Ashley Davis Bush’s five stage model for grief is another helpful guide to keep in mind. (Transcending Loss, Berkley Books, 1997, www.ashleydavisbush.com). Keep in mind that stages are not necessarily linear.

SHOCK: Accepting the reality of the death

DISORGANIZATION: Facing, experiencing and expressing all of the grief-related feelings

RECONSTRUCTION: Adjusting to a world without your loved one

SYNTHESIS: Establishing an ongoing relationship with your loss and with your loved one, recognizing that you are forever changed

TRANSCENDENCE: Making the loss meaningful

More thoughts about the grief process:

Grief is all around us. Grief is normal. Grief is part of everyday. It is universal…It is healing and necessary to healing… It is natural, normal, very functional… The problem is, we all want to make it ‘better.’ … It’s not about fixing grief—because we can’t. We have to give it room.”

Dottie Ward Wimmer (She Came to Live Out Loud by Myra MacPherson)

As we pass through life events and stages, our grief may resurface, presenting new opportunities to mourn. 

It is helpful to anticipate grief “anniversary reactions” — events or ages, seasons or dates that serve as triggers of grief.  Other common triggers are birthdays, mother’s/father’s days, holidays, reaching the age of the parent’s death or diagnosis. Transition times, such as graduations, marriages, births, and the developmental stages of one’s own children can also spark waves of grief. Or it may be evocative smells, signs, or sounds that serve as triggers.

New losses often bring up old losses, but grief may also surface during a stable time, when a person can afford to mourn with less fear of abandonment and/or fear that they’ll fall apart.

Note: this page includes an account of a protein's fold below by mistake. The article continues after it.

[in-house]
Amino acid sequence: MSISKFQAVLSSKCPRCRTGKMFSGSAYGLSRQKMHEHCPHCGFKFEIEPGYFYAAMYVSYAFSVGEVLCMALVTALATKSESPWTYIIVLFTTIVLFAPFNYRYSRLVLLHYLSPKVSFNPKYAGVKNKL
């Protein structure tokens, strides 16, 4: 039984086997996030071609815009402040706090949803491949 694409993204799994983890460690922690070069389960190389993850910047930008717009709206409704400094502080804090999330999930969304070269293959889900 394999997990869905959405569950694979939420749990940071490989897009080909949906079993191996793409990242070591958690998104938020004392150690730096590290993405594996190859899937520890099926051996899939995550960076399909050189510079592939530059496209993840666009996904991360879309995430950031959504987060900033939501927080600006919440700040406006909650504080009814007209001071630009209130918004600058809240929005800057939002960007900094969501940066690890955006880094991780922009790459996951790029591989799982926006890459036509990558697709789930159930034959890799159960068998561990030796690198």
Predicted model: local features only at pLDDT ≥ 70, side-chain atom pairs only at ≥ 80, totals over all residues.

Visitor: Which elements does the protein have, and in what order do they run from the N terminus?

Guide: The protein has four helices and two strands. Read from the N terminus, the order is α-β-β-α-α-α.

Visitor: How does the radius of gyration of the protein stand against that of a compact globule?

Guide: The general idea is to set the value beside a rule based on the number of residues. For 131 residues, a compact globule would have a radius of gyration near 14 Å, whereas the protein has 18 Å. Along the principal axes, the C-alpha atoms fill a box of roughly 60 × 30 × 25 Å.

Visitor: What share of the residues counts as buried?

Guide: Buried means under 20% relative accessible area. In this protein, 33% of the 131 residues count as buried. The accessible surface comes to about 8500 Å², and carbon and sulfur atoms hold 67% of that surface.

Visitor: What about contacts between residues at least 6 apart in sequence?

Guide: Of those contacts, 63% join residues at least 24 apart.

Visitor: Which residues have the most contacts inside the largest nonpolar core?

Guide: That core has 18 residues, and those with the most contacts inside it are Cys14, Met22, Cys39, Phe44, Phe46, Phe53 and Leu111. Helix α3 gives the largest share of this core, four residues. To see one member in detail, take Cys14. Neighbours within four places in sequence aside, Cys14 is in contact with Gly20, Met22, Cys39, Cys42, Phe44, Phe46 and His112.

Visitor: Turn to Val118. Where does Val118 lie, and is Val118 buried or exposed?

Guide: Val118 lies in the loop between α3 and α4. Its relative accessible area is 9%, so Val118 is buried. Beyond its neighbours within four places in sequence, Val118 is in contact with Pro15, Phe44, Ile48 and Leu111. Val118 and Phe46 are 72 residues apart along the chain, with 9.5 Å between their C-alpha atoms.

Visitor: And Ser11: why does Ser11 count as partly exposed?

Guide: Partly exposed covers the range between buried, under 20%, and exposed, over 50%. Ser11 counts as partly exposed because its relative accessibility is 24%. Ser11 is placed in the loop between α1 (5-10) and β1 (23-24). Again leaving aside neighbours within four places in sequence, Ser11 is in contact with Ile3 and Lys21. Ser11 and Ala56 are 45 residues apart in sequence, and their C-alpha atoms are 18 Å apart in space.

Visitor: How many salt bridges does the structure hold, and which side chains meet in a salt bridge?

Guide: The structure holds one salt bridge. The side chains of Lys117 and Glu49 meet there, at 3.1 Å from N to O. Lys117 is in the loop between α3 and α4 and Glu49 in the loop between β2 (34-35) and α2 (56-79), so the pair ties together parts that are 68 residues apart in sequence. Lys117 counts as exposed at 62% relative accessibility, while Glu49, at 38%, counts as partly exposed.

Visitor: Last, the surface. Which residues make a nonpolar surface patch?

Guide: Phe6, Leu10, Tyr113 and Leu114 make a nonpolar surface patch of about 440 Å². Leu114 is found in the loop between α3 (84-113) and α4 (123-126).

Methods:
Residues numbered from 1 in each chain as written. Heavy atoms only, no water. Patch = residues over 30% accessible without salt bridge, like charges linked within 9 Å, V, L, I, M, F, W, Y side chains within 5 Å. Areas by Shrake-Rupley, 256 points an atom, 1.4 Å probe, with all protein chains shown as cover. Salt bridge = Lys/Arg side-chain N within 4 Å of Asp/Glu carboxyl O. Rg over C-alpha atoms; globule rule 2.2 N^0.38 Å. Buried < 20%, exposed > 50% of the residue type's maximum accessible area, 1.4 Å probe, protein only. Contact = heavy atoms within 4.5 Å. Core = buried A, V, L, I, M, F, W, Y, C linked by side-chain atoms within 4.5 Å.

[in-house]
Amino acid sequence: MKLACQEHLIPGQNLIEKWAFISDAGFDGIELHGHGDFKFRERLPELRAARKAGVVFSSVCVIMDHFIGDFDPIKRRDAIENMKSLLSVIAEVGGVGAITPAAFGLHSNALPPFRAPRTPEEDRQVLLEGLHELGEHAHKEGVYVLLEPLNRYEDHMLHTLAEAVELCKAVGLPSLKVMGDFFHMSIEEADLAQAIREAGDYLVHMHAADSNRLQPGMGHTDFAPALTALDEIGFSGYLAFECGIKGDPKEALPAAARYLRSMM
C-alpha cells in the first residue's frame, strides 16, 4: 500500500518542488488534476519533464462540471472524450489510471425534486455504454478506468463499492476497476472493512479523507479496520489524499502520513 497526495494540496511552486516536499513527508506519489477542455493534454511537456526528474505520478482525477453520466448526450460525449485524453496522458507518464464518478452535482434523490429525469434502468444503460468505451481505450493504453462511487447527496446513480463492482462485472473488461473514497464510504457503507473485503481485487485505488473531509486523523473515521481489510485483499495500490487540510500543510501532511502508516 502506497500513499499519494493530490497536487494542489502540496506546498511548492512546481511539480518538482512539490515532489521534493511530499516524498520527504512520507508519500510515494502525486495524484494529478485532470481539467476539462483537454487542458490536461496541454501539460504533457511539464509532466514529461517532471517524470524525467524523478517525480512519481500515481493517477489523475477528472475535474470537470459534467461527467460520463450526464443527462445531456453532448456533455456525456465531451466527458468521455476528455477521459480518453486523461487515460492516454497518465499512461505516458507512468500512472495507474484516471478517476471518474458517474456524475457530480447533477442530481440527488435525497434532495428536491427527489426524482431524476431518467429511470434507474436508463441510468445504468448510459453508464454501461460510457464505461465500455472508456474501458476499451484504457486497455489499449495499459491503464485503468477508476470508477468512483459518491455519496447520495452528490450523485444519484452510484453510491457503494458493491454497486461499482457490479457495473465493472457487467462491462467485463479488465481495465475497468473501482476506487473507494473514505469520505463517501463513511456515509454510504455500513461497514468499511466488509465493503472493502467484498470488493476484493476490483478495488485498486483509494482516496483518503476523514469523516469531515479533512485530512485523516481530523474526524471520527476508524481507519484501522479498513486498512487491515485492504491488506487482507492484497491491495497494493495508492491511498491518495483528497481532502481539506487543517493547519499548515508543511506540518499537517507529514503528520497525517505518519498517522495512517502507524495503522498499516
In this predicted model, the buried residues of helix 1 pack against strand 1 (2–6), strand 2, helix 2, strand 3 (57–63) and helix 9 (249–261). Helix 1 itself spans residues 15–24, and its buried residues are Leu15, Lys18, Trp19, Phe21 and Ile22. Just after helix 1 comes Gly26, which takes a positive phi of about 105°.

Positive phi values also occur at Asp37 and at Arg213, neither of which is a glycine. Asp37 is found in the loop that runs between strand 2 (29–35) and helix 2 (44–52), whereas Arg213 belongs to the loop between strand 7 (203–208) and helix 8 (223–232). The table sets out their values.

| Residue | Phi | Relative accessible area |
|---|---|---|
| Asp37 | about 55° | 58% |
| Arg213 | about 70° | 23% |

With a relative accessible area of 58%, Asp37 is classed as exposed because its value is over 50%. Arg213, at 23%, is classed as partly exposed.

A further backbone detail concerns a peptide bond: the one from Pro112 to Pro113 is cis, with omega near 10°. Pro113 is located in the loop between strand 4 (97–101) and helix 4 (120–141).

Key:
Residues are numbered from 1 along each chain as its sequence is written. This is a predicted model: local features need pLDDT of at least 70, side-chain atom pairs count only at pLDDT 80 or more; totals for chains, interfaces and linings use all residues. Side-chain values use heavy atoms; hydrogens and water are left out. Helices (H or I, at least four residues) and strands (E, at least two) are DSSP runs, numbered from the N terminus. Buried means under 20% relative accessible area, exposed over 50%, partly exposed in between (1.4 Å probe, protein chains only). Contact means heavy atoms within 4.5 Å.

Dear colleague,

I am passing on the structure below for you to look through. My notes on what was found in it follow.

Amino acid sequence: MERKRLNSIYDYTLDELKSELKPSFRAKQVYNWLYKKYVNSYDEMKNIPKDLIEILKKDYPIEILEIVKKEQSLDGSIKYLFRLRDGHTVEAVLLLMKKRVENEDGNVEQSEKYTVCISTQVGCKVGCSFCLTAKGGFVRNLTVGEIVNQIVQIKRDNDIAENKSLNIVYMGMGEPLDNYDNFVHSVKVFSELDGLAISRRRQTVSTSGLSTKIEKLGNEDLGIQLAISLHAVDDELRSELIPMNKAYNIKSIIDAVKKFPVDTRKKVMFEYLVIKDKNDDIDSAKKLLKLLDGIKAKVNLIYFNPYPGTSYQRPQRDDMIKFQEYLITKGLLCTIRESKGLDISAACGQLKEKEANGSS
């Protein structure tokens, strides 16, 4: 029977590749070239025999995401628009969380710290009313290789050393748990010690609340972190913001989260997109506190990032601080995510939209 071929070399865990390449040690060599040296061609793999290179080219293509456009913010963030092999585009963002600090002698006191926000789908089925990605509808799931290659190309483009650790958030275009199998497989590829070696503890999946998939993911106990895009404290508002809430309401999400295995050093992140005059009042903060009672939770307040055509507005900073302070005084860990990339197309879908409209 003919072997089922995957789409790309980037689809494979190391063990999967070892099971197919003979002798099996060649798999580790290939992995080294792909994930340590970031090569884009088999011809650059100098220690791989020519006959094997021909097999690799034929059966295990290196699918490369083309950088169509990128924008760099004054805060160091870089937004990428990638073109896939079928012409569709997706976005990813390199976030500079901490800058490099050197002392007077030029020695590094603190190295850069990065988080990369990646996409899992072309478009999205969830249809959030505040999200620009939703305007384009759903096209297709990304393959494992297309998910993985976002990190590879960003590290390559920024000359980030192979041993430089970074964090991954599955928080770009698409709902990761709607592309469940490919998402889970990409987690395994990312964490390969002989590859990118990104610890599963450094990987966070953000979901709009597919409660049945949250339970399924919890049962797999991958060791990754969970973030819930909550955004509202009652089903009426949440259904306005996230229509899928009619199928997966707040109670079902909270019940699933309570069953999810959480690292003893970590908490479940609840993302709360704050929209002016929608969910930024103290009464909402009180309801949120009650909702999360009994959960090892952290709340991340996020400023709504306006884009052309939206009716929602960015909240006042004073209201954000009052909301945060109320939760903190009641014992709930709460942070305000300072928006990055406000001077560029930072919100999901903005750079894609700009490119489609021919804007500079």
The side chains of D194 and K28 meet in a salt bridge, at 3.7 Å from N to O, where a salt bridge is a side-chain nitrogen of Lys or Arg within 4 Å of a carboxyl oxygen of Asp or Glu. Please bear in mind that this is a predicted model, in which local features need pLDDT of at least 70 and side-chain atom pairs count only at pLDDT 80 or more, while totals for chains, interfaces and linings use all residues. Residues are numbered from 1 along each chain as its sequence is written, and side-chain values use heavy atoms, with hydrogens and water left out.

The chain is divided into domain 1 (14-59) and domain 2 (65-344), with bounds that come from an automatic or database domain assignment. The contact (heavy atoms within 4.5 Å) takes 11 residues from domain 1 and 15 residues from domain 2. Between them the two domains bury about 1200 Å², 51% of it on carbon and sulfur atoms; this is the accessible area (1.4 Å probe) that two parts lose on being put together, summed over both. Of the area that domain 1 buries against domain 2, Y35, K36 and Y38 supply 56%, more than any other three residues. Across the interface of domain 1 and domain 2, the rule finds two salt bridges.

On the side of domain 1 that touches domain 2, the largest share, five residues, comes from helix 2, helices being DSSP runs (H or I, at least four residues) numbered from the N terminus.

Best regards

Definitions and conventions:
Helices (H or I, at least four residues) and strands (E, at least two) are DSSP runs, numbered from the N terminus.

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How Can I help?
There is no recipe or list that will “fix it,” but here are some things to consider:

Listen. Many, many people find it hard to listen because death evokes our own fears. Listening is an invaluable gift. It conveys your presence—that you are walking beside your loved one or friend on this difficult journey. Make yourself available to hear their stories, memories, and regrets. 

A common mistake is to shut off discussion with a well-intentioned comment such as “It’s ok,” “Don’t cry,” or “Be strong.” Some people even say, “It’s time to get over it.” Don’t contribute to the notion that there is a “right” way to grieve.

Help kids feel safe:  Give appropriate, honest information; help out with making sure basic needs are met; provide caring support to facilitate the re-establishment of routines.

Expressive arts, bibliotherapy, peer support, and the use of rituals (see below) can also help with healing.  

Does Grief Ever End?
People feel pressure to get over their grief, both self-imposed and by others/society. A USA Today poll asked the length of the grief process. The answer: an average of two weeks! Do we ever finish grieving a loss? The intervals between the waves of grief lengthen over time, but the longing may not disappear. Ever.

It is important to debunk the myth that once the grief is “resolved,” that it will never come up again. Accept the setbacks as part of the progression. Think of honoring the grief and healing rather than fixing it or curing it. It is a lifelong process. The acute pain is not life long, but the impact of the loss is. 

Normal Grief
There is a wide range of normal reactions to loss. Other kinds of loss, such as loss due to divorce, moves, a loss of abilities due to illness or accident, etc., can also trigger some of these reactions. Below is a partial list.

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Ideas for Rituals for Healing through Grieving:
Rituals help give meaning to the loss. Here are some ideas, but there are infinite possibilities to make the ritual fit for your preferences and style. These can be done at any time.